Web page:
EUR/USD has lost its traction in the American session and retreated to the 1.0550 area. In the absence of high-tier macroeconomic data releases, the dollar is staging a rebound with the US Dollar Index rising above 103.00 and forcing the pair to edge lower.
GBP/USD has extended its sideways grind below 1.2500 into the second half of the day on Friday with the dollar staying resilient against its rivals. Nevertheless, the pair remains on track to snap a four-week losing streak.
Gold came under modest bearish pressure in the American session on Friday and dropped below $1,840. The benchmark 10-year US Treasury bond yield stays quiet above 2.8%, helping XAU/USD limit its losses ahead of the weekend.
The USD/CAD tells the trader how many Canadian dollars (the quote currency) are needed to purchase one U.S. dollar (the base currency). This currency pair is known as the "Loonie", a nickname derived from the picture of a loon, a distinctive bird which appears on one side of Canada's gold-coloured, one Dollar coin.
THE IMPORTANCE OF OIL FOR THE LOONIE
The USD/CAD is one of the three so-called “commodity pairs”, together with AUD/USD, NZD/USD, highly correlated to commodity (especially oil) fluctuations.
Canada is commonly known as a resource-based economy being a large producer and supplier of oil. The leading export market for Canada is by far the United States making its currency particularly sensitive to US consumption data and economical health.
FORECAST FOR 2022
In the annual forecast, our surveyed contributors expect the USD/CAD to reach 1.2393 by the end of the year.
Of the three main fundamental factors for the USD/CAD in 2022, the comparative Canadian and US economies, central bank interest rates and the price of oil, the first is a wash, the second tilt to the US and the third is unlikely to rise sufficiently to give the loonie a long-term advantage. Check out the full forecast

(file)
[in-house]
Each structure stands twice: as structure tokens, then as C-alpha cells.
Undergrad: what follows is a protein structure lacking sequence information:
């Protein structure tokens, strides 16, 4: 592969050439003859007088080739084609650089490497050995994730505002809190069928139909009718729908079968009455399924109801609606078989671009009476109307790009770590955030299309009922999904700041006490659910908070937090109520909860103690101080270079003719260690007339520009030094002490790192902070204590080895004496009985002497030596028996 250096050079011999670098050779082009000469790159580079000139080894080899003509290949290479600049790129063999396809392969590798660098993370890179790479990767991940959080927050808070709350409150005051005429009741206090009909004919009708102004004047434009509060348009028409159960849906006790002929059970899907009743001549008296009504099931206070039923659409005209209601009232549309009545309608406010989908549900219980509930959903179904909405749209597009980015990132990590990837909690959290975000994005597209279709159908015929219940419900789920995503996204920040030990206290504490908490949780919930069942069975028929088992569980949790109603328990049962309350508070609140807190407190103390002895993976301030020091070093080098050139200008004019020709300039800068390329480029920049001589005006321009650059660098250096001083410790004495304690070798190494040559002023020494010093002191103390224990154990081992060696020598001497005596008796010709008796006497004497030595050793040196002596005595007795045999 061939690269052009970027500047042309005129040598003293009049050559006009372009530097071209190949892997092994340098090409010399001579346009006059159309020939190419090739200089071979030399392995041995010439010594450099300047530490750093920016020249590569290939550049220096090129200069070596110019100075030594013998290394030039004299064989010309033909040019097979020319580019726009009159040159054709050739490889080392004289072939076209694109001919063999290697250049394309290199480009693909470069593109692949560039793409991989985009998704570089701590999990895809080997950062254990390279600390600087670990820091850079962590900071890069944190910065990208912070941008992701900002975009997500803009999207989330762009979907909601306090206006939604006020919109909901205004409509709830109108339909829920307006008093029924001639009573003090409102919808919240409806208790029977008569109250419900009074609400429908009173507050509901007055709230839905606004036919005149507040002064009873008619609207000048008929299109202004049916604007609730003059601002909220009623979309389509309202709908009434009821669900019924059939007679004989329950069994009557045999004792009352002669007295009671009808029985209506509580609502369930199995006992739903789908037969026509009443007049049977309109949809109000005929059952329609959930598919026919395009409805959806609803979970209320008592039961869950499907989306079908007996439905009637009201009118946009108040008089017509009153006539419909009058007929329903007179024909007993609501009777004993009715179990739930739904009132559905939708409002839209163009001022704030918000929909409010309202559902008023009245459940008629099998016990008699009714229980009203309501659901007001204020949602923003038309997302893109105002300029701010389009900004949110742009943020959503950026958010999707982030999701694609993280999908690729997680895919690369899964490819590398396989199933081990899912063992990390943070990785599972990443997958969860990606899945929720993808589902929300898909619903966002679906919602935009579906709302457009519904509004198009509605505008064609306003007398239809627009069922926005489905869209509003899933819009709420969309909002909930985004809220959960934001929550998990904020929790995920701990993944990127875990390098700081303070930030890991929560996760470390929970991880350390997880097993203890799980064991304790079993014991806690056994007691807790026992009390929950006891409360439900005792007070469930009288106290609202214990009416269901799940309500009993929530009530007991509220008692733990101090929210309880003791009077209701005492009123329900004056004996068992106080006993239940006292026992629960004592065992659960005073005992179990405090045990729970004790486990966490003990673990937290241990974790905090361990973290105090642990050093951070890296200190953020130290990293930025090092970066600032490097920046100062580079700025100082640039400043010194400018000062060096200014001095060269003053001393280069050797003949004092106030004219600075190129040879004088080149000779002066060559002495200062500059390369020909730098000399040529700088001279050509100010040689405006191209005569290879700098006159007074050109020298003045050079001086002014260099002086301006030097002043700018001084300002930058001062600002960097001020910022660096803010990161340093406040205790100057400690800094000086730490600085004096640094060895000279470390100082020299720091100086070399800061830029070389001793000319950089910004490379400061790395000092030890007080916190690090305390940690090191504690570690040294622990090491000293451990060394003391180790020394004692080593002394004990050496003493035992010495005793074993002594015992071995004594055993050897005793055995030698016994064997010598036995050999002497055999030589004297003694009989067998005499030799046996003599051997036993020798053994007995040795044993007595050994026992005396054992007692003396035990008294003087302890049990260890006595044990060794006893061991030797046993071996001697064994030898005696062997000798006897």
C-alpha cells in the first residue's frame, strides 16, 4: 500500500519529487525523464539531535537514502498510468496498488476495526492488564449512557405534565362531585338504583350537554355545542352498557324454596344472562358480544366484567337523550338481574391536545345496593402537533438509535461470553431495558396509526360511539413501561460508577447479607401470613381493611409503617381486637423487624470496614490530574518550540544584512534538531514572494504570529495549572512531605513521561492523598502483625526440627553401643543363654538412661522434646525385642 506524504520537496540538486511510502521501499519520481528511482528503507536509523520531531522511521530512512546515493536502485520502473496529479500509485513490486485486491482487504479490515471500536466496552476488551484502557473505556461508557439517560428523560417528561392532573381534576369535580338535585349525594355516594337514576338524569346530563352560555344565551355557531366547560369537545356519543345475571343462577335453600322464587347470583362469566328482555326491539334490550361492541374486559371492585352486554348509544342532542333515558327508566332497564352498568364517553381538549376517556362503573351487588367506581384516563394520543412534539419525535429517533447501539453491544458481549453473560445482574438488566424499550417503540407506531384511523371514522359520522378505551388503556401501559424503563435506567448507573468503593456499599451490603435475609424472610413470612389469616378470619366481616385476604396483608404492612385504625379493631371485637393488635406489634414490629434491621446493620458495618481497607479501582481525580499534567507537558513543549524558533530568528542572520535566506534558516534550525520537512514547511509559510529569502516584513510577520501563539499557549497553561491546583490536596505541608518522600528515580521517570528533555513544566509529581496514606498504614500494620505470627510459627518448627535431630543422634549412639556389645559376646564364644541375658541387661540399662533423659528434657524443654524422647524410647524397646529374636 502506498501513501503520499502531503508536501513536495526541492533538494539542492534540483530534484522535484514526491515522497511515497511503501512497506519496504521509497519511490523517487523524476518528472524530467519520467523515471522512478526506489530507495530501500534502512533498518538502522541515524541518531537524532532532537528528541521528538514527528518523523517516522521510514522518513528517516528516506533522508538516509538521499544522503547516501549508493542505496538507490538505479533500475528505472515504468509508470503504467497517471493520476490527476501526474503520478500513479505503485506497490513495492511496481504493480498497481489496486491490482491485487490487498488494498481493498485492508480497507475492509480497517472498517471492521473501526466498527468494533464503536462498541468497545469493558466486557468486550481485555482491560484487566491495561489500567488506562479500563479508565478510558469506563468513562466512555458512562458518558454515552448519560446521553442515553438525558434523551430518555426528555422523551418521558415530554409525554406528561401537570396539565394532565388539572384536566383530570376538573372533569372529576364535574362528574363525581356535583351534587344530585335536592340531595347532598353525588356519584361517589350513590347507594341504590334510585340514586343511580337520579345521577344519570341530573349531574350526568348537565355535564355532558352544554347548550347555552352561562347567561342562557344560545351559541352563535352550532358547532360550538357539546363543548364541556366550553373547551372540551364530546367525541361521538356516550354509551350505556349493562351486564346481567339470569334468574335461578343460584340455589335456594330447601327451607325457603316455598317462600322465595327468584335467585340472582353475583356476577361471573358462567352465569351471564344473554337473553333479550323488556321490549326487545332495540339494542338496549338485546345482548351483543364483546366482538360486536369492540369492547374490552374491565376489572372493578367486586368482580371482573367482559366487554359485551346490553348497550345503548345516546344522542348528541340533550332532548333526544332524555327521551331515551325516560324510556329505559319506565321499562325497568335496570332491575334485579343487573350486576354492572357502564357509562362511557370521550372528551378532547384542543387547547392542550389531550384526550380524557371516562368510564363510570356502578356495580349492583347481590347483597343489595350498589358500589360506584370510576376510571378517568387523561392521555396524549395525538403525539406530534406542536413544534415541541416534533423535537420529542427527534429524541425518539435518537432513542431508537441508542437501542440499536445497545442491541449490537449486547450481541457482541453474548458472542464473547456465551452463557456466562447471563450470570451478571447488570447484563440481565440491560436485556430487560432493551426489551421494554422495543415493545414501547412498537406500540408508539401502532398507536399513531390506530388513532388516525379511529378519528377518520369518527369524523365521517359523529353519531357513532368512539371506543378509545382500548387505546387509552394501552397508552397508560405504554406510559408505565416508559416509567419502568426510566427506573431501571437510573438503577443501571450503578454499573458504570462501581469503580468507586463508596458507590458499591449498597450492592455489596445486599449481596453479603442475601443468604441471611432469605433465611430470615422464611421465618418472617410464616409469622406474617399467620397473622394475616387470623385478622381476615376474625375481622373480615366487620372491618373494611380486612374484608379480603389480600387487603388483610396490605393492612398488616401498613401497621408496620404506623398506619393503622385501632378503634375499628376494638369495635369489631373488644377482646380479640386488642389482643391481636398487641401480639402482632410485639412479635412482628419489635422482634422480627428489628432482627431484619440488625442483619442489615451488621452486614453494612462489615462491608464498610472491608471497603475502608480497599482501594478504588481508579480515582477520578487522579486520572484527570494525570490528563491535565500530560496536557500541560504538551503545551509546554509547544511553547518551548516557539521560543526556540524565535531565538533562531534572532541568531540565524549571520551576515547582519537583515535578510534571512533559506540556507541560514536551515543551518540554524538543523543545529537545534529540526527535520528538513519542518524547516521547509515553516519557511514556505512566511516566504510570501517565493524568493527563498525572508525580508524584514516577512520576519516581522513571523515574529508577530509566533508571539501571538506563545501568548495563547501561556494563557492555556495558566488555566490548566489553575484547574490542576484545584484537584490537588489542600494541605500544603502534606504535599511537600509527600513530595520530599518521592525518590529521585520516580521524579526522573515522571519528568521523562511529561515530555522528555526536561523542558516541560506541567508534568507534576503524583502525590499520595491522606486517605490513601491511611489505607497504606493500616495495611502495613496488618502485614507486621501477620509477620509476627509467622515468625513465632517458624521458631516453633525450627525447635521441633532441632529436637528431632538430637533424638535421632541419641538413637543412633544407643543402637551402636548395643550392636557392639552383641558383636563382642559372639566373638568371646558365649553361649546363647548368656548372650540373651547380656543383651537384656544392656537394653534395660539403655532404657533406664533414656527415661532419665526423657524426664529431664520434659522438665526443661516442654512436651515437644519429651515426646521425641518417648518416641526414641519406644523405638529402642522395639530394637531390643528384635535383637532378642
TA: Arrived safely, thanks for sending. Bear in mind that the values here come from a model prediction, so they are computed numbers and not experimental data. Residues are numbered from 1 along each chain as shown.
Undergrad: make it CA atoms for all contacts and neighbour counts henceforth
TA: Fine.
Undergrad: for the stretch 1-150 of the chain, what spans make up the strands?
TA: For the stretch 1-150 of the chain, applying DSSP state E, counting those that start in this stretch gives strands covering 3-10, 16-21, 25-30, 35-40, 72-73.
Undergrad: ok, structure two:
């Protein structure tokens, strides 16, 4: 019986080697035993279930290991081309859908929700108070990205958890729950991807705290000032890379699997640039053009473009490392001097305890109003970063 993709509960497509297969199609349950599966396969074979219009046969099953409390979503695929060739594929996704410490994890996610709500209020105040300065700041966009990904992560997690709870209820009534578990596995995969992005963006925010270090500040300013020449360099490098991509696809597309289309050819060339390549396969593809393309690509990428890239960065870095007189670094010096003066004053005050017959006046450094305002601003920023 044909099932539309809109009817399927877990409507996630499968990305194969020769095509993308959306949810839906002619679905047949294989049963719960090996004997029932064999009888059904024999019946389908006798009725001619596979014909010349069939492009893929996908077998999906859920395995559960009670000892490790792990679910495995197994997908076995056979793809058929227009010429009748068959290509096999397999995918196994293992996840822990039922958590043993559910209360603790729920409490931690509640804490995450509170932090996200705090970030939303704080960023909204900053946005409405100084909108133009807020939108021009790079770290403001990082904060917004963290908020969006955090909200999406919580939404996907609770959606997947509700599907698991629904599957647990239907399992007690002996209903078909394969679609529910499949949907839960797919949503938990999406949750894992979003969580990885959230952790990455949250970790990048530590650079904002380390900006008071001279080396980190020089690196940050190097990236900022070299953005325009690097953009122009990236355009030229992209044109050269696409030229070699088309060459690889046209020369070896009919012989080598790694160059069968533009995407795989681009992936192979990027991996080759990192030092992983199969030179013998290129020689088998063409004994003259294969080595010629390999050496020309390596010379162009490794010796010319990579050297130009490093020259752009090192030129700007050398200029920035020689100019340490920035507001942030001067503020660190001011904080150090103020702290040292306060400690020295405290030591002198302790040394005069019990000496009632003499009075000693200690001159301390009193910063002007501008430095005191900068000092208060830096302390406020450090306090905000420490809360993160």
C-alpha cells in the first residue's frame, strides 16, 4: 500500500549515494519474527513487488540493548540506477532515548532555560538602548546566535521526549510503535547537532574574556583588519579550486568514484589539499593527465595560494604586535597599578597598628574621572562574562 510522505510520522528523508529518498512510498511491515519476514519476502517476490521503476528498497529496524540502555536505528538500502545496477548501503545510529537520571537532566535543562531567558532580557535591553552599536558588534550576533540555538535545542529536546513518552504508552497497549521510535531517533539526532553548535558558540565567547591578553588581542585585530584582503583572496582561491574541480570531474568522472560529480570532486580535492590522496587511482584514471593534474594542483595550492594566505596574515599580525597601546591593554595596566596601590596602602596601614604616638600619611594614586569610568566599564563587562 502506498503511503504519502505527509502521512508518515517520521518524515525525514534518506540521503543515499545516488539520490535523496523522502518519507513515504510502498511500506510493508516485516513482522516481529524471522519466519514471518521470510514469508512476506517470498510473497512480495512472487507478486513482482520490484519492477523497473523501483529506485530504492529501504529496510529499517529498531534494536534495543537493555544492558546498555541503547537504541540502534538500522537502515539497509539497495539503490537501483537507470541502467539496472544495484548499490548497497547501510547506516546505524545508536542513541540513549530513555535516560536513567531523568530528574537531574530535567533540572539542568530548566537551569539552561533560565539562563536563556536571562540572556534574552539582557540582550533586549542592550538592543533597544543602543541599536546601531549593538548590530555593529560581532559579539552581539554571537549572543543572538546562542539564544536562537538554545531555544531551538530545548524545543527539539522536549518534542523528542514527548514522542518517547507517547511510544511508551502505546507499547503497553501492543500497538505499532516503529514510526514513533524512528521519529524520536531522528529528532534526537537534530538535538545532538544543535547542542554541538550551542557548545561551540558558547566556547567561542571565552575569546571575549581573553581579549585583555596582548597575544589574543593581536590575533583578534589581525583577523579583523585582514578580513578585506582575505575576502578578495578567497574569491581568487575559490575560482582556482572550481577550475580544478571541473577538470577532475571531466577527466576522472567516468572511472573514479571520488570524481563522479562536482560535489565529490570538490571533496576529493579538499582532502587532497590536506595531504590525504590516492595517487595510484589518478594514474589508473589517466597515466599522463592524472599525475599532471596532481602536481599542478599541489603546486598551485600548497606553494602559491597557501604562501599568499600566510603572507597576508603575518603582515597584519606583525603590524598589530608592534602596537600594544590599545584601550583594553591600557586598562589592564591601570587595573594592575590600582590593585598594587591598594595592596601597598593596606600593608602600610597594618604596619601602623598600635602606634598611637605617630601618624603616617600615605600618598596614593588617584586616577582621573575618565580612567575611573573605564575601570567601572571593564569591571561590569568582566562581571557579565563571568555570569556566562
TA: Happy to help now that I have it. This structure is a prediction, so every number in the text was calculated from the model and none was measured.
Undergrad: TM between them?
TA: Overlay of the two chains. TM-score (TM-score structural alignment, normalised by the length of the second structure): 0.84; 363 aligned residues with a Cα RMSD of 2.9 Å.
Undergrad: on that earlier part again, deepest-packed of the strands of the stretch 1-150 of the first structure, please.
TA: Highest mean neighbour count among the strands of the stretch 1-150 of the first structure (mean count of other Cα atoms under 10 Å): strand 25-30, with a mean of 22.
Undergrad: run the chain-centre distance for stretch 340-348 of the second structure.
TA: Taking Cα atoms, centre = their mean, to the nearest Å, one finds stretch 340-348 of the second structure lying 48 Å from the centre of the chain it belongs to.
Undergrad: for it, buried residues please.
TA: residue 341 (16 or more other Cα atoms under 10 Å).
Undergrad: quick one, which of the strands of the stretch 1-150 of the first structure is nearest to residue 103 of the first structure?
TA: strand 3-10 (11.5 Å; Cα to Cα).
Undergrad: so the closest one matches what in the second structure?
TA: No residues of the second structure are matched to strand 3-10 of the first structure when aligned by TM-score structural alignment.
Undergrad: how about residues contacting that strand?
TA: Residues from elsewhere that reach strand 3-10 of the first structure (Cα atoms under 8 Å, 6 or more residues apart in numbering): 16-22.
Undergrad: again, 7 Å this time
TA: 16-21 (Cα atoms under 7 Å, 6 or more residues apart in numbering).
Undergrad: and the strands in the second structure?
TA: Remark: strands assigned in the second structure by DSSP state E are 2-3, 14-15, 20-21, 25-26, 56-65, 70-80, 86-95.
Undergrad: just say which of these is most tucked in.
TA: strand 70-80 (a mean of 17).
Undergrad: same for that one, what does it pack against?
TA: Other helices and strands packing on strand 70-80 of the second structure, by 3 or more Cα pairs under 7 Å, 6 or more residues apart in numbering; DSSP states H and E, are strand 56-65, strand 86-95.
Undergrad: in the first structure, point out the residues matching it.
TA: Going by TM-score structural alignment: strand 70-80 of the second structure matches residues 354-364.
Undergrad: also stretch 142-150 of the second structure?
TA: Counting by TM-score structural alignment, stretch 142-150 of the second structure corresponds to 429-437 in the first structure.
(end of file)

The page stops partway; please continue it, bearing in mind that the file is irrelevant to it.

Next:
ASSETS THAT INFLUENCE USD/CAD THE MOST
Commodities: oil but also gold and natural gas are to be taken into account.
Indices: S&P/TSX Capped Composite Index (the headline index for the Canadian equity market), S&P/TSX Global Gold Index (index of global gold securities) and S&P/TSX Capped Energy Index (benchmarks for related derivative products of Canadian economic sectors).
ORGANIZATIONS, PEOPLE AND ECONOMIC DATA THAT INFLUENCE USD/CAD
In Canada, the organizations and people that affect the most the moves of the USD/CAD pair are:
Bank of Canada (BoC, Canada’s Central bank) that promotes a safe and sound financial system within tyhe country, issuing statements and deciding on the interest rates of the country. Its president is Tiff Macklem.
Canadian Government (headed by Justin Trudeau) and its Department of Finance that implement policies that affect the economy of the country.
CAPP (Canadian Association of Petroleum Producers): Canada being a prominent oil and natural gas producer, the trade organization of that industry is very important.
In the USA, we have:
The US Government (and its President Joe Biden): events as administration statements, new laws and regulations or fiscal policy can increase or decrease the value of the US Dollar and the currencies traded against it, in this case the Canadian Dollar.
Fed, the Federal Reserve of the United States whose president is Jerome Powell. The Fed controls the monetary policy, through active duties such as managing interest rates, setting the reserve requirement, and acting as a lender of last resort to the banking sector during times of bank insolvency or financial crisis.
In terms of economic data, we should highlight the Trade Account Balance, a balance between exports and imports of total goods and services. A positive value shows trade surplus, while a negative value shows trade deficit. It is an event that generates some volatility for the USD/CAD. If a steady demand in exchange for CAD exports is seen, that would turn into a positive growth in the trade balance, and that should be positive for the CAD.
Inflation is another economic value that is important for the USD/CAD pair. It is measured among others by the CPI (Consumer Price Index) and the PPI (Production Price Index). They are key indicators to measure inflation and changes in purchasing trends.